Paperbackpages. Published December 1st by Simon Publications first published To see what your friends thought of this book, please sign up. To ask other readers questions about The Arab Awakeningplease sign up. Lists with This Book. This book is not yet featured on Listopia. Oct 30, Paul rated it really liked it Shelves: Its temporal proximity to early developments in the movement gave the author access to individuals who had been part of organizations in the 19th century and thus his work captures stories that might have otherwise been lost, such as that of the secret Arab nationalist society of Additionally, writing prior to World War II, he provides a perspective that has only just begun to be jaded by the ongoing Palestinian crisis.
Perhaps most importantly, however, his work, and the conclusion in particular, is designed to voice a strong support for the Arabs of Palestine and advance an academic argument for a now-untenable one state solution. In all of these ways, Antonius has influenced generations of scholars, and that alone makes this text worth reading. He places the birth of this movement in the hands of Muhammad Ali, whose expulsion of the Emirate of Diriyah the first Saudi state from the Holy Lands and governorship of Syria puts him in a good position to form an Arab empire.
The story then follows Arab nationalism through French and American missionaries and the development of several important societies, beginning in The movement is traced through Sharif Husain of Mecca and his sons, Abdullah and Faisal, all of whom work towards the goal of an autonomous Arab state by joining the British effort against the Ottoman Empire during World War I in exchange for a British pledge xrab an Arab state. The final third grorge post-war developments and how the Arabs were denied many, if not most, of their demands and the promises that had been made to them prior to the conflict.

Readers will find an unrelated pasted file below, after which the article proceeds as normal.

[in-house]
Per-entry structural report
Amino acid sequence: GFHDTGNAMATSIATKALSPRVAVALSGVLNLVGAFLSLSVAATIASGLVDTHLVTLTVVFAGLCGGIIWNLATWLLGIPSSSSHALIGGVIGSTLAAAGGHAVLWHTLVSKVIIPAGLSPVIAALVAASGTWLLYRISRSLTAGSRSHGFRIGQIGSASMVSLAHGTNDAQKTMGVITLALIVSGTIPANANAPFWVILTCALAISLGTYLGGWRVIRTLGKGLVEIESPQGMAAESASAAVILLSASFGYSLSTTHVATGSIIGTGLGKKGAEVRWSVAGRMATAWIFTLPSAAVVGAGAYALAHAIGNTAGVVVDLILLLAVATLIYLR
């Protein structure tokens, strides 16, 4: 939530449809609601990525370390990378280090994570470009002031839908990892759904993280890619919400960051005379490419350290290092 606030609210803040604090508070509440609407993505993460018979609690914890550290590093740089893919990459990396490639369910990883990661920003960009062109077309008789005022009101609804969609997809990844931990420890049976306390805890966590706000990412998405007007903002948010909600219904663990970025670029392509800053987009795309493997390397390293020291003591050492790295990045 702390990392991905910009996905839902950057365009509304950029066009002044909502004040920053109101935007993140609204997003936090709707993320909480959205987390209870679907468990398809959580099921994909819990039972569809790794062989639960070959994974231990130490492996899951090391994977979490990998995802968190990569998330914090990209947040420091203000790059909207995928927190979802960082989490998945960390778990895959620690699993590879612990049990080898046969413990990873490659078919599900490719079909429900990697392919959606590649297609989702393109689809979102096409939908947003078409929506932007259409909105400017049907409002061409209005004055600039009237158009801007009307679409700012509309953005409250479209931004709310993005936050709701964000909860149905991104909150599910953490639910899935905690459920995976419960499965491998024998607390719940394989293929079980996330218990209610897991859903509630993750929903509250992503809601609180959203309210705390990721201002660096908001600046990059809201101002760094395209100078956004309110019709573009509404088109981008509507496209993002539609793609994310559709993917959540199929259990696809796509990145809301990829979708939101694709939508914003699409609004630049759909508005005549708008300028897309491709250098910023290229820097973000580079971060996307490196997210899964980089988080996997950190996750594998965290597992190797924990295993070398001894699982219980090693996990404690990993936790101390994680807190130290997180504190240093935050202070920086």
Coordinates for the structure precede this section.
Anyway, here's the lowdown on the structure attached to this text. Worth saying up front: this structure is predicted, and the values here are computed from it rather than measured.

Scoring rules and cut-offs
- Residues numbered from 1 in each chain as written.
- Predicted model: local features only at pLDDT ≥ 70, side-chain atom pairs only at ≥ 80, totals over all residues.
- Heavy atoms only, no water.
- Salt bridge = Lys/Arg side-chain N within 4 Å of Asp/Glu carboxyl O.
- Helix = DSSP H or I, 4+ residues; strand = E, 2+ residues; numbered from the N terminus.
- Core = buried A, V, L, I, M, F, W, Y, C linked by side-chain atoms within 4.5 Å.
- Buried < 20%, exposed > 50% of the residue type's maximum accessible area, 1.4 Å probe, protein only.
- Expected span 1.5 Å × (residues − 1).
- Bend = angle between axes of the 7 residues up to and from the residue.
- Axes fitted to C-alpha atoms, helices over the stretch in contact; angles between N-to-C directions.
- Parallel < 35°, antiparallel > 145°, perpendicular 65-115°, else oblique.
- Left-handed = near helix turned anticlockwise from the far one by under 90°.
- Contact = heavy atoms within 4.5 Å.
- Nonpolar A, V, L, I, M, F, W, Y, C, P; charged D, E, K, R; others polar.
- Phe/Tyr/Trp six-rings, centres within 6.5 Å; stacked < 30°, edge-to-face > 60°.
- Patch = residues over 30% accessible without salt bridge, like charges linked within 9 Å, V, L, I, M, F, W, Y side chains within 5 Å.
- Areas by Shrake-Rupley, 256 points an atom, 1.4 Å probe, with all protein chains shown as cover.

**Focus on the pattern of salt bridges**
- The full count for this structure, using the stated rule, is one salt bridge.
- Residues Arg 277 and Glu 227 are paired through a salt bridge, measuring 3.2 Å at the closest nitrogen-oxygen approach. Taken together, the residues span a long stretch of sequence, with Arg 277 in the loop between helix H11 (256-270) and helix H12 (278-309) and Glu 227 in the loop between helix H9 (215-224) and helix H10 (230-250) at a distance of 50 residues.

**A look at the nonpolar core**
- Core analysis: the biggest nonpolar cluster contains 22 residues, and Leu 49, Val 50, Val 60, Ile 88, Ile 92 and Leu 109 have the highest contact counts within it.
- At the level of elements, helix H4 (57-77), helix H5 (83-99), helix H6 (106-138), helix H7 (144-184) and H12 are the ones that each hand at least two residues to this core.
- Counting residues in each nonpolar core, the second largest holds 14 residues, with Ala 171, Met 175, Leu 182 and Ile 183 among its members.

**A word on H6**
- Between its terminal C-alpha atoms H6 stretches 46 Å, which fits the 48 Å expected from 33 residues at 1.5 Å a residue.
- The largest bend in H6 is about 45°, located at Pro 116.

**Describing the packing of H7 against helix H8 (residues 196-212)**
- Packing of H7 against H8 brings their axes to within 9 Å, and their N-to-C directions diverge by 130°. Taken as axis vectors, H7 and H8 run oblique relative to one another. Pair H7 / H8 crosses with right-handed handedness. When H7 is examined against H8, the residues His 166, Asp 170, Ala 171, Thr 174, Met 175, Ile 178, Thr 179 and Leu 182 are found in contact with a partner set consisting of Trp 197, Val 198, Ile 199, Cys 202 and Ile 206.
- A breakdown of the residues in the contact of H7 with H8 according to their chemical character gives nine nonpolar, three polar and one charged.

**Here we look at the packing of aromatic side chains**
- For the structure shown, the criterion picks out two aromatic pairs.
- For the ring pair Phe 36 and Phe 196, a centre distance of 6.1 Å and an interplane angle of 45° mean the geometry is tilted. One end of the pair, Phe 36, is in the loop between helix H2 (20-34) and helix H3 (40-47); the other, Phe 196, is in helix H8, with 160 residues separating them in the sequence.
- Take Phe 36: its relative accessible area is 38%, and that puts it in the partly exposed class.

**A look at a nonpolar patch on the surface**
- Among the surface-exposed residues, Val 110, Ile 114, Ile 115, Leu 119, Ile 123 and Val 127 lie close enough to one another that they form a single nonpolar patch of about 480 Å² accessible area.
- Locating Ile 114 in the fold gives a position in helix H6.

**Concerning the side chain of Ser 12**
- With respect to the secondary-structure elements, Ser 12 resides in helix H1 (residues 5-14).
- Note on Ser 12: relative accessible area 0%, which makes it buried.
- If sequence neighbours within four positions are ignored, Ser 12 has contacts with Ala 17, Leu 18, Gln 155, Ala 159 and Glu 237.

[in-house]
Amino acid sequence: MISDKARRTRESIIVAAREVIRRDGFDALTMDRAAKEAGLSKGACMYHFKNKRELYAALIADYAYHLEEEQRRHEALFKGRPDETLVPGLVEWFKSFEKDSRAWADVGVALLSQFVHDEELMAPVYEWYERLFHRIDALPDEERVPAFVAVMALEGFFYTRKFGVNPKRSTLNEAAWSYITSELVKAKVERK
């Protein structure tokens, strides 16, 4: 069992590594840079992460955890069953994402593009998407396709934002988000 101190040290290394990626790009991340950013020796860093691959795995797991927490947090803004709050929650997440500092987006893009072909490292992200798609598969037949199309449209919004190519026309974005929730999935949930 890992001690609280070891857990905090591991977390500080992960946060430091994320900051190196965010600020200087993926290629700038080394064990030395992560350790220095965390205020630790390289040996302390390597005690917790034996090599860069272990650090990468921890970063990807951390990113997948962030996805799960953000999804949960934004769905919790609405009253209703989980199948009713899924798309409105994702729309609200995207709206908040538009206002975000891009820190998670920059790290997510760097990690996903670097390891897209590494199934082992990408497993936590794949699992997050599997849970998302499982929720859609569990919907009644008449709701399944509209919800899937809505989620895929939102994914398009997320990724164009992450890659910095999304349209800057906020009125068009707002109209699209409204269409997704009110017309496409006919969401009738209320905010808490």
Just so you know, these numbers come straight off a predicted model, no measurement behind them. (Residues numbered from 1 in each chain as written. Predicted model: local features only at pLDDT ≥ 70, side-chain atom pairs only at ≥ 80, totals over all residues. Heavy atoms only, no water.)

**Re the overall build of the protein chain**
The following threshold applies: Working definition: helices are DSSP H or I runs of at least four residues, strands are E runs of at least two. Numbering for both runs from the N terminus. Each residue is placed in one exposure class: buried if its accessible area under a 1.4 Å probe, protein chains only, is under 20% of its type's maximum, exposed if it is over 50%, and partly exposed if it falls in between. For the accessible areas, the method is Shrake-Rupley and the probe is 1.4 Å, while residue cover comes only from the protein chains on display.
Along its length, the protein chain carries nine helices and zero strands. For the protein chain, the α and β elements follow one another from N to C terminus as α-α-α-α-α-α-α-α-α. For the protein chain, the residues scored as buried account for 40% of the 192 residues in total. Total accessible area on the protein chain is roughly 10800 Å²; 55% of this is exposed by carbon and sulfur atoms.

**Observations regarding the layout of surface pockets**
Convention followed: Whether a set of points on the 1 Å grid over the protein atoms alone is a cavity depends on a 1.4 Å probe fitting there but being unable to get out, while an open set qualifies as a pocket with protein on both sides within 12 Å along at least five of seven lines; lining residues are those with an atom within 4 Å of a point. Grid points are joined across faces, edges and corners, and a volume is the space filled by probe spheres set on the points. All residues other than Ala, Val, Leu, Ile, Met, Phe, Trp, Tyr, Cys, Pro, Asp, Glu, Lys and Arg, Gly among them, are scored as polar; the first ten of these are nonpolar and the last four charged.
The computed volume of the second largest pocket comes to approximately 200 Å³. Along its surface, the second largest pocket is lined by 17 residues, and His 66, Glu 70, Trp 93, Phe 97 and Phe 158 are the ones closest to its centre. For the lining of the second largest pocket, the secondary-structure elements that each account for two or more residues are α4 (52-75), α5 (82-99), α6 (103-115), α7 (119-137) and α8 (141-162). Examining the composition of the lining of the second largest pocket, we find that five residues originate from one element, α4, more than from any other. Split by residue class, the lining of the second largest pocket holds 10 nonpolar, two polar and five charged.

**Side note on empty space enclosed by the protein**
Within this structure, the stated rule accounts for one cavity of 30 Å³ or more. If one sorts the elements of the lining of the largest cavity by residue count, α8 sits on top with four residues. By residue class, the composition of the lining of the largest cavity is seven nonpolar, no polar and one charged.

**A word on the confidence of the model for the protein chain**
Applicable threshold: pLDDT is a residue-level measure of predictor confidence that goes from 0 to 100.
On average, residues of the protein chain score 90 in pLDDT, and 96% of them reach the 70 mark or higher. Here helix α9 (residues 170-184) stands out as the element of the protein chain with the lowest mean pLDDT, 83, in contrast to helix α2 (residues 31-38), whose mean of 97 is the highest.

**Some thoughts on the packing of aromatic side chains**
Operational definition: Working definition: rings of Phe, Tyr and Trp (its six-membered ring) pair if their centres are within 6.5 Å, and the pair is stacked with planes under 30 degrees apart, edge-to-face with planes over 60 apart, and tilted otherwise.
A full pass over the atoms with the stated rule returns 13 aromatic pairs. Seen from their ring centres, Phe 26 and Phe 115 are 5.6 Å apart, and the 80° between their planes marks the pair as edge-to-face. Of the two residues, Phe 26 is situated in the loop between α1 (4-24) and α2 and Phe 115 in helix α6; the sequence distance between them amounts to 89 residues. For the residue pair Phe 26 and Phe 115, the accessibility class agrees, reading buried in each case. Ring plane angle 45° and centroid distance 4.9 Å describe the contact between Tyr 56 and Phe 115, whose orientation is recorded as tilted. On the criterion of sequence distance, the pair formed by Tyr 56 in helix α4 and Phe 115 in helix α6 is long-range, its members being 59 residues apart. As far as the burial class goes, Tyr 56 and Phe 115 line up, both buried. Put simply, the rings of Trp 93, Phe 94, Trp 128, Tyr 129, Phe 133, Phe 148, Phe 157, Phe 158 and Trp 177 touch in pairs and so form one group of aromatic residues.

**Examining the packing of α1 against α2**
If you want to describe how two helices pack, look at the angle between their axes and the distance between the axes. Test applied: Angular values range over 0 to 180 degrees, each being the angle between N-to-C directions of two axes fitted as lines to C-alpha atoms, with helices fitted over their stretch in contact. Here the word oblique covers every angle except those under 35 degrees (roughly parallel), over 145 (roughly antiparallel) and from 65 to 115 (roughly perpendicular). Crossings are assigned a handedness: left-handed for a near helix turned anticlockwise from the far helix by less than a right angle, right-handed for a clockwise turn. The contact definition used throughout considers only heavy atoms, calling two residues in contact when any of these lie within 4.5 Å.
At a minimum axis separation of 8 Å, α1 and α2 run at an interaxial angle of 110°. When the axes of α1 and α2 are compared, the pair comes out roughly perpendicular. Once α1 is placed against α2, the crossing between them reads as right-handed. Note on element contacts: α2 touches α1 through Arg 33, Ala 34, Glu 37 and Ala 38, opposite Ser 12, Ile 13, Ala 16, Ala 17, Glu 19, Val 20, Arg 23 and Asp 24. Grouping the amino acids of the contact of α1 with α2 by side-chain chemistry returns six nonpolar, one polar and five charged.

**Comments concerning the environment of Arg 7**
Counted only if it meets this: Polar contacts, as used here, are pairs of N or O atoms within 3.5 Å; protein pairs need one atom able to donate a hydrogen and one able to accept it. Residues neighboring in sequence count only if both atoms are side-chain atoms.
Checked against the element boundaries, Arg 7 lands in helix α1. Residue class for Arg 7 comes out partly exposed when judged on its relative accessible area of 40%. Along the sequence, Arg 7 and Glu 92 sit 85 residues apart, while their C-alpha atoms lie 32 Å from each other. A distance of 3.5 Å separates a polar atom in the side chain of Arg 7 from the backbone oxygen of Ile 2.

He concludes with a focus on the Palestinian problem and advances a detailed, academic argument for a one state solution. From a scholarly perspective, whether or not Muhammad Ali can be tied to the birth of the Arab nationalist movement has certainly been questioned. From a literary perspective, I found the excessive detail in the middle section, concerning World War I, unnecessary.